Worker stress may be on the rise, but so are solutions to lessen its impact. The trick, it seems, is to find the resources that suit your organization’s needs, and not get lost in the mass of troubling statistics.
The stats are grim. In a recent survey by Indeed, the online job aggregator, 52% of respondents said they were experiencing fatigue and exhaustion this year, up from 43% in a similar poll conducted in January last year. Millennials and Gen Zers are the most burned-out generations, closely followed by Gen Xers. In the same poll, 67% said burnout has worsened during the pandemic.
The stresses of remote working—isolation from colleagues, long hours, and the challenge of separating work and home life—have undoubtedly contributed to job burnout. And IT security professionals are among those who have experienced the biggest increase in job stress. Since the onset of COVID, their No. 1 task has been to secure and maintain thousands of remote computers and mobile devices so people can work from home—safely—at any time, day or night.
Oct. 10 is World Mental Health Day, which was launched by the World Federation for Mental Health in 1992. To commemorate the day, many government agencies, companies, nonprofits, and other organizations take time this month to highlight the work they’ve been doing to support and empower their people.
As the challenges of remote work continue for many of us, here are three areas that public and private organizations can focus on to protect the mental health of their employees and foster a healthy and engaged team environment.
Communication, support, and technology
Tech workers suffered more burnout than any other group with the onset of the pandemic, according to a survey last year of 7,000 employees by meQuilibrium. As well as securing thousands of remote devices, IT teams have had to be on hand 24/7 as employees have worked longer and more irregular schedules.
The good news is that the study found that employees who felt strongly supported at work were 10 times less likely to experience increased job stress than those who lacked support. meQuilibrium also believes companies that allow employees to take time out to handle personal or domestic matters will have a happier, more engaged workforce.
Improved communication and explicit management backing are great short-term tools to ease feelings of burnout. Additional time off, new wellness benefits, as well as expanded Q&A sessions with business leaders, are also great tonics.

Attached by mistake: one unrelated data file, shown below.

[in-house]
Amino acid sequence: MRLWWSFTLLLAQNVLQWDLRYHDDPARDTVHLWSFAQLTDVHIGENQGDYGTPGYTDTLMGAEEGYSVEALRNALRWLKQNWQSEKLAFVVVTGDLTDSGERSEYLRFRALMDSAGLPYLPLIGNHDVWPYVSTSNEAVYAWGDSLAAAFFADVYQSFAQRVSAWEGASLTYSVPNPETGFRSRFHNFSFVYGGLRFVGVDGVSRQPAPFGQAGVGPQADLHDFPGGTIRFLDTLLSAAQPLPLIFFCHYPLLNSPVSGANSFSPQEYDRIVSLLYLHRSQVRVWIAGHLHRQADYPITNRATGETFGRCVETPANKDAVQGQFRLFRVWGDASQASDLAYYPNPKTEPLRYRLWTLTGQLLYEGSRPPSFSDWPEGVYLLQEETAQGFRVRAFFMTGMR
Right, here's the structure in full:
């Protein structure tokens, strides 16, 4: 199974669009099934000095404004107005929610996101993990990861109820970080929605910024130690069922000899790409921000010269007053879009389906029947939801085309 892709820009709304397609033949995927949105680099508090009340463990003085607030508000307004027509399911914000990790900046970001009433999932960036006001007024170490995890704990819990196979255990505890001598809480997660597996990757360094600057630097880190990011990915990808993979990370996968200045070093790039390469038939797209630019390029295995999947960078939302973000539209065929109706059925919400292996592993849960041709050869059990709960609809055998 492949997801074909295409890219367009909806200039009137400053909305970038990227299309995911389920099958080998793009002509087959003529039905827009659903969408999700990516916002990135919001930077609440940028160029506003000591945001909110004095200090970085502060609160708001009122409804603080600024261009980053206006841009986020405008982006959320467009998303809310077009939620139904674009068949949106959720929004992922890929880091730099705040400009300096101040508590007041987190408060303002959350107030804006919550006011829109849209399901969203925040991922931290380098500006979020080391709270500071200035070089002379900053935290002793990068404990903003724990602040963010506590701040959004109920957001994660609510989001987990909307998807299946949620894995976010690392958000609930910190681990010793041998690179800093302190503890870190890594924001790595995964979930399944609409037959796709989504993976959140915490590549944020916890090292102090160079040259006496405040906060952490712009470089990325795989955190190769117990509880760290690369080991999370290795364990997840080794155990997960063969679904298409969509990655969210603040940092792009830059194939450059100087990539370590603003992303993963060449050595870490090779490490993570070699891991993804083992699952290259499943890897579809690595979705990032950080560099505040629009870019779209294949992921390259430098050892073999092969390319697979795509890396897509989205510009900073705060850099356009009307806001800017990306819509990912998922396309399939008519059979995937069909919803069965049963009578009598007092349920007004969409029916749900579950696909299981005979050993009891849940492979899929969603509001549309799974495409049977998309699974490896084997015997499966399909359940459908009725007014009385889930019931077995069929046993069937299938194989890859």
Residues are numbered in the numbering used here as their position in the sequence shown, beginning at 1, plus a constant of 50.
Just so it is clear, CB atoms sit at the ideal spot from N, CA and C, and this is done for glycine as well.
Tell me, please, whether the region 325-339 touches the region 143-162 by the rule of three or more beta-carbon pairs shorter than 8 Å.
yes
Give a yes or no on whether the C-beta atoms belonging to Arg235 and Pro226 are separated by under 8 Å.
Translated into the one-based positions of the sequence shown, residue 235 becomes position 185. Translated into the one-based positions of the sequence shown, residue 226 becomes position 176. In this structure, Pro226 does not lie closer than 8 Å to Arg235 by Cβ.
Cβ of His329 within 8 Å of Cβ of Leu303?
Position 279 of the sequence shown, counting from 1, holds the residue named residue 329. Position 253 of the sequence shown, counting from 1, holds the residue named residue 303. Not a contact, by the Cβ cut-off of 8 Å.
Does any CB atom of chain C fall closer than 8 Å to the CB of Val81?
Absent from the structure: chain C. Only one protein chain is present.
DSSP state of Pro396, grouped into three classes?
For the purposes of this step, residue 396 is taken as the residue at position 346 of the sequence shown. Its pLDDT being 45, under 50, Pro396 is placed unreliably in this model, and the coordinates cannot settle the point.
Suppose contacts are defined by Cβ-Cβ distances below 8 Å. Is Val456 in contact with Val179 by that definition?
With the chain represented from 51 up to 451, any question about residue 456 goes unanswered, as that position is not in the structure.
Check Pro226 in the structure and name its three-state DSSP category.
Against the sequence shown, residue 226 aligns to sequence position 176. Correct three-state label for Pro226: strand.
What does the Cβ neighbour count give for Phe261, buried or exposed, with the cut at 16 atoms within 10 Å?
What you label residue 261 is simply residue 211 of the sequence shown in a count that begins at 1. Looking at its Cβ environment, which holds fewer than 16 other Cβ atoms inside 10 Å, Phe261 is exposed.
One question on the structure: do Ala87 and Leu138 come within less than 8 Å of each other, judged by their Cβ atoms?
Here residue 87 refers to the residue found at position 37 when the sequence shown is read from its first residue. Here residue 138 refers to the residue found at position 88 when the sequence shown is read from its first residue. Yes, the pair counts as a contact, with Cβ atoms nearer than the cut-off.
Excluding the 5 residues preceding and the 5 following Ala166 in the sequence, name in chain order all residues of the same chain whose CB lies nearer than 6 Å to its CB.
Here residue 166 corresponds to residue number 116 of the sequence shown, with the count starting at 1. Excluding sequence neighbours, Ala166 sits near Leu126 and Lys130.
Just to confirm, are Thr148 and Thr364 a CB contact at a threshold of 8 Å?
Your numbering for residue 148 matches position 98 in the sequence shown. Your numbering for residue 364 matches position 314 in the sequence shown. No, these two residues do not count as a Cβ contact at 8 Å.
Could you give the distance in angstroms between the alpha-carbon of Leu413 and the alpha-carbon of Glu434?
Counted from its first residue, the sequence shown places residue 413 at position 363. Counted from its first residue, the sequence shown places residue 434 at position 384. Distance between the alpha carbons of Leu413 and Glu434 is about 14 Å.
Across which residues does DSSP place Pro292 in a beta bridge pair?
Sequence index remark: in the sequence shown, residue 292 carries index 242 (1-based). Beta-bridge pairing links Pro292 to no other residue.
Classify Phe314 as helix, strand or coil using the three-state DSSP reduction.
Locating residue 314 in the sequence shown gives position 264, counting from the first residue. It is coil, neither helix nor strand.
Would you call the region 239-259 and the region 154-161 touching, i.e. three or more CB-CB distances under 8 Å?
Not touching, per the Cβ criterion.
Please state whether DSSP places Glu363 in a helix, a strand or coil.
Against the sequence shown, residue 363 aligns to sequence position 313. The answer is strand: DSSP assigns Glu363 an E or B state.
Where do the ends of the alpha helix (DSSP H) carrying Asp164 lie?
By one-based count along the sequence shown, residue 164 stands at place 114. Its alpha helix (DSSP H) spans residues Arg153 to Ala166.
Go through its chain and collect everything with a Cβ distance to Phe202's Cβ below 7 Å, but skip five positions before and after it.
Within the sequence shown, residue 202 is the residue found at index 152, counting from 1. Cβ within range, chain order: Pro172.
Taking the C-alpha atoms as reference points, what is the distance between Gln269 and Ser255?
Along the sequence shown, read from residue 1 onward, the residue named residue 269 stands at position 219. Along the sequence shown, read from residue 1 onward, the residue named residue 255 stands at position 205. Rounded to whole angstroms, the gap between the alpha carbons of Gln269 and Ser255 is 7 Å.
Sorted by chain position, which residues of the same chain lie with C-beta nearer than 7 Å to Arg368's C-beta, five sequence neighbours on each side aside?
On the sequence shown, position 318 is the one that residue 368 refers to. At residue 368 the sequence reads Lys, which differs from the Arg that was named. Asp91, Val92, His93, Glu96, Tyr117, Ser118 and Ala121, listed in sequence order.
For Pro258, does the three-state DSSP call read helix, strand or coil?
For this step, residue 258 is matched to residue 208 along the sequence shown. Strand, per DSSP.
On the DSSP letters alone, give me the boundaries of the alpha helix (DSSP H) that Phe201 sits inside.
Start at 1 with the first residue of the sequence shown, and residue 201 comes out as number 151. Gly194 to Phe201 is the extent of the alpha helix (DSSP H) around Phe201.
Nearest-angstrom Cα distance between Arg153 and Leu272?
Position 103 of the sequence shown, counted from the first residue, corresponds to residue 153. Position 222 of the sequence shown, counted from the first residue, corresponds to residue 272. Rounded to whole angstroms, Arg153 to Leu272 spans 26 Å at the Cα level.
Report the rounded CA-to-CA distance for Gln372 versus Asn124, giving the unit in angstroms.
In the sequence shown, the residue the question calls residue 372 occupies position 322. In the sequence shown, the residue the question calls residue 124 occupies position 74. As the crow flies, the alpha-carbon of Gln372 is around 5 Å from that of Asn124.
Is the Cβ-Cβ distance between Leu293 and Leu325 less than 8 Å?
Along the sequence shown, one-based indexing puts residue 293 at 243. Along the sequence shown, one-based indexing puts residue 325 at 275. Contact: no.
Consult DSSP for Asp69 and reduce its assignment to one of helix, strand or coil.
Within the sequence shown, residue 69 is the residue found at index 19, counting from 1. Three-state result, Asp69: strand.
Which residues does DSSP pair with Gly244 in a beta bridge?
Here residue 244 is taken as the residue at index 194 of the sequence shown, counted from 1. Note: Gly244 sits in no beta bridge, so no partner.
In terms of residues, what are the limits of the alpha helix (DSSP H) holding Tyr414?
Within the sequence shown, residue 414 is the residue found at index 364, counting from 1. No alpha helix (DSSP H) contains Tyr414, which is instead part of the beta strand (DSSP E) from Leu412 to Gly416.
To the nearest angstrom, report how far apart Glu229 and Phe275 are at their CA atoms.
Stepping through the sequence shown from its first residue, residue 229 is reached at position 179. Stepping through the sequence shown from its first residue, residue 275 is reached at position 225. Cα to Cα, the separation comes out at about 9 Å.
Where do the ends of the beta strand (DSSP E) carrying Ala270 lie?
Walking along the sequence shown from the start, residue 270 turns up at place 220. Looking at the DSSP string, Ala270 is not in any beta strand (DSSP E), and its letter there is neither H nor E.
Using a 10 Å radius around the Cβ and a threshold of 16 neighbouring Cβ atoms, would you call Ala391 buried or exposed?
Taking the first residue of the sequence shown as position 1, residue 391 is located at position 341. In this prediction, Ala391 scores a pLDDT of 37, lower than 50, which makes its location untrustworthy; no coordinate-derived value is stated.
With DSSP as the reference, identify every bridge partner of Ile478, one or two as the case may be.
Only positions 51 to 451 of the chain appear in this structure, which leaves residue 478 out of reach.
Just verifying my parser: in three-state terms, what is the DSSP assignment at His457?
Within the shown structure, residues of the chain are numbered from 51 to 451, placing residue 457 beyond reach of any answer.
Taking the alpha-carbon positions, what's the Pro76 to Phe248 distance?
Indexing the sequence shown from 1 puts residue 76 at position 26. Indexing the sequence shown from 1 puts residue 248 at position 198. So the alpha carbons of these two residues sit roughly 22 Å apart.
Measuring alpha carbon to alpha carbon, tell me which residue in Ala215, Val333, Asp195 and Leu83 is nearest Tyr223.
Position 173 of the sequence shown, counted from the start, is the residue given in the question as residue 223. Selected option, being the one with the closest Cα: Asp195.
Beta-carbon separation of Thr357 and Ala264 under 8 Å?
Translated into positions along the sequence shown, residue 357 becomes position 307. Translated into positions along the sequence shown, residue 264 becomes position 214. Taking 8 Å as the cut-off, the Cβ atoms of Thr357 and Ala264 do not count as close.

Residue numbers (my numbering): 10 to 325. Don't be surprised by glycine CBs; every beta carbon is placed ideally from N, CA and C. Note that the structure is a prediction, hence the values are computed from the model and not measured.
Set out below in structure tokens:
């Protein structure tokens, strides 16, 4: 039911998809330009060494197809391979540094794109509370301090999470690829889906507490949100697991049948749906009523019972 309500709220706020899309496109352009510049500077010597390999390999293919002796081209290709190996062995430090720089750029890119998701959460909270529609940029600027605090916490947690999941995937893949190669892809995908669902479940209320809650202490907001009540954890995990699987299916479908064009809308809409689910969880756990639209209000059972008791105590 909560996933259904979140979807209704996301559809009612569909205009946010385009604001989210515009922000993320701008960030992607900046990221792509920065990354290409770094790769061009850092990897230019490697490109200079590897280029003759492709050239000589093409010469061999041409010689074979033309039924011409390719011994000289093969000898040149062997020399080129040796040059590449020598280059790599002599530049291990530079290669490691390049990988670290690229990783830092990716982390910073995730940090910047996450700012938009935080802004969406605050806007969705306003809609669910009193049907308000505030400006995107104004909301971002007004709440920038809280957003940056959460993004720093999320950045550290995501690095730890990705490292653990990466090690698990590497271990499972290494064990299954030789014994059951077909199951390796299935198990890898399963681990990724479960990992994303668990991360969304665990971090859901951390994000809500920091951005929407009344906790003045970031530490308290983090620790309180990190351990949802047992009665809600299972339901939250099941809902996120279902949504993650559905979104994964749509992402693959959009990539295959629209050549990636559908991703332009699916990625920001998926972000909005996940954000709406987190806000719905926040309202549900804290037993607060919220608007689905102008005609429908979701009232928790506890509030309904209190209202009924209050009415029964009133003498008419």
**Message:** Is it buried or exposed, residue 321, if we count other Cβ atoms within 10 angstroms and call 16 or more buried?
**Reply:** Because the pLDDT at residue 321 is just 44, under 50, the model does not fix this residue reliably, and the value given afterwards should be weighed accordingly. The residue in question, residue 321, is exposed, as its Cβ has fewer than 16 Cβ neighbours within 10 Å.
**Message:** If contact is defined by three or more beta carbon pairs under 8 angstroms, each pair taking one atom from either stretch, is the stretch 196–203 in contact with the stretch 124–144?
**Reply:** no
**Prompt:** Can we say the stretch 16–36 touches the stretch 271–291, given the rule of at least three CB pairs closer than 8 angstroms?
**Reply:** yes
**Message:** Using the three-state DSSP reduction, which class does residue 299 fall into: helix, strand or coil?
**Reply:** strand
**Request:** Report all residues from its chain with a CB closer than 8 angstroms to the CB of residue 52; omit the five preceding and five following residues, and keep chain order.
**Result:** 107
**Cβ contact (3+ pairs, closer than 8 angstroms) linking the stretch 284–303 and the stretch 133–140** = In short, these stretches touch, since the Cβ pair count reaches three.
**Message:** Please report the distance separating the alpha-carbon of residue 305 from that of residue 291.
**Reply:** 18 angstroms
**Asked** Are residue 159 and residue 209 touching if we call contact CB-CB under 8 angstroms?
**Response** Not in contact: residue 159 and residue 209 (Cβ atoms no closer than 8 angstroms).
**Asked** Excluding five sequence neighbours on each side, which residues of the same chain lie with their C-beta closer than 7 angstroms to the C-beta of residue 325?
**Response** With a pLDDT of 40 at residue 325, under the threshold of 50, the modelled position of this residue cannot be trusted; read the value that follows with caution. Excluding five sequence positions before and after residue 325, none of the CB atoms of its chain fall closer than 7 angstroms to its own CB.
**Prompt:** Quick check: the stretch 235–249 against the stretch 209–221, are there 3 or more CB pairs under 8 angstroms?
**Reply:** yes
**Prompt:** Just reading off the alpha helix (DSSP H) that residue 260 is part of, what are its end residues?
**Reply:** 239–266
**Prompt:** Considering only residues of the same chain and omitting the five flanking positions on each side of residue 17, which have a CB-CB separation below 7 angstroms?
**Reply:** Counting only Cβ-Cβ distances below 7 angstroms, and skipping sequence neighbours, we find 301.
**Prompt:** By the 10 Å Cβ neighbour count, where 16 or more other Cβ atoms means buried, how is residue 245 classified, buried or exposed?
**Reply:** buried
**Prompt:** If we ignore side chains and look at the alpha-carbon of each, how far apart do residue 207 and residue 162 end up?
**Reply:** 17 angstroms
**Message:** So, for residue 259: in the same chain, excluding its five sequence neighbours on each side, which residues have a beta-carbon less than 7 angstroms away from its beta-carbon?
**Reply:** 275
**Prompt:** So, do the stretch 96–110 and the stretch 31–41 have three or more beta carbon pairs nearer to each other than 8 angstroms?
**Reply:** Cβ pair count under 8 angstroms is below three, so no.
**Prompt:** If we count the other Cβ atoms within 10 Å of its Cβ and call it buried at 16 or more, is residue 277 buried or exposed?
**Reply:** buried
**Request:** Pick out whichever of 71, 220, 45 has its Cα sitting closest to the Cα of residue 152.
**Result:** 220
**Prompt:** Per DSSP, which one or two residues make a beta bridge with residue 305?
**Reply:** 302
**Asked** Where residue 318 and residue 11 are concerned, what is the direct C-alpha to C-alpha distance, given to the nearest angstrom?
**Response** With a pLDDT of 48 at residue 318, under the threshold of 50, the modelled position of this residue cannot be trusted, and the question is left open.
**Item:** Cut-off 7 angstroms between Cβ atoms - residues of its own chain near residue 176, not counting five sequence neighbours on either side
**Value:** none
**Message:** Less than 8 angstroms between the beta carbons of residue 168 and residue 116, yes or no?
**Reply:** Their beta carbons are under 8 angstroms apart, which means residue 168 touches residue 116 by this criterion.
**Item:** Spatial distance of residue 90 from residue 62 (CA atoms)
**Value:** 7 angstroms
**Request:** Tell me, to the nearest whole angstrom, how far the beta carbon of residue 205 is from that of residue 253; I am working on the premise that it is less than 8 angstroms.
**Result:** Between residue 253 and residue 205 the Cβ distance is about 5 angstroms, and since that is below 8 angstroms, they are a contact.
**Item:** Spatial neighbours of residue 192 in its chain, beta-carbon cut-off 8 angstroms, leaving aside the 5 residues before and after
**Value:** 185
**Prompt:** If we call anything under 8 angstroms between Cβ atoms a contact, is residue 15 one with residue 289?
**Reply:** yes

Technology is also an invaluable resource. Artificial intelligence tools, for example, can help reduce stress and fatigue by automating repetitive jobs and reducing task volume. For IT security professionals, AI-based threat-monitoring tools help deal with false alarms and can block many attacks, leaving human teams to deal with those that require direct intervention.
People often think taking time off will fix burnout. When they do manage to take a vacation, they may come back refreshed for a day, but burnout often reemerges. Hiring more people and adding technology can help, but they are not magic bullets. It’s also important to look at work processes. Here, the agile Japanese workflow system known as “kanban” can offer a solution, says Mike Middleton, director of security at Tanium.
Key to the kanban method is visualizing a team’s workflow. Greater transparency inspires greater teamwork, as people see and share a challenge, says Middleton. When the team succeeds in a shared goal, it’s a win not just for one, but for all. It allows us to rely on each other and embody a one-team-one fight mentality.
Making work visible also lets management gain insight into workload. Faulty workflow patterns that emerge can be remedied, and by empowering teams to take on new challenges, you can close skills gaps, provide growth opportunities, and improve the ability to keep up with demand.
Adopting kanban has improved work-life balance among Tanium staff in significant ways, says Middleton. Stressful task-switching and individual backlogs have been replaced by a shared effort and faster completion rates.
Transparency and flexibility
While working remotely has been challenging for everyone, it’s also been an opportunity to learn about the improvements in productivity, innovation, and quality of life that online working can bring. Tanium put together a task force last year to discuss those changes and consider what the future of work will look like.
The company canvassed the needs and goals of its then-1,700 employees (the outfit has grown to 2,000 staffers since then) and concluded the best way forward would be to ensure maximum flexibility in staff working arrangements while also providing transparency. Today, no employee has to return to the office, and those who do are supported and accommodated. That decision was made easier by the fact that prior to COVID, 50% of Tanium’s workforce was already remote and had demonstrated flexibility, self-reliance, and high rates of productivity.
Tanium’s new headquarters in Kirkland, Wash., has adapted to this flexible way of working. There are collaboration areas, “coding caves,” desks offering personal space, and quiet areas for downtime. Giving staff the choice of home or office is invaluable to the pursuit of a healthy work-life balance.
- In honor of World Mental Health Day on Oct. 10, Facebook will launch new mental health resources, tools, and programming across its apps, including special resource guides for BIPOC communities. For more info, click here.
- The National Alliance on Mental Illness has produced a series of videos featuring real people sharing their experiences with mental health issues, along with stats, infographics, and resources that your human resources department can use to support your workers. For more info, click here.
- Doing What Matters in Times of Stress: An Illustrated Guide, offers stress-management tips for coping with adversity, compiled by the Pan American Health Organization.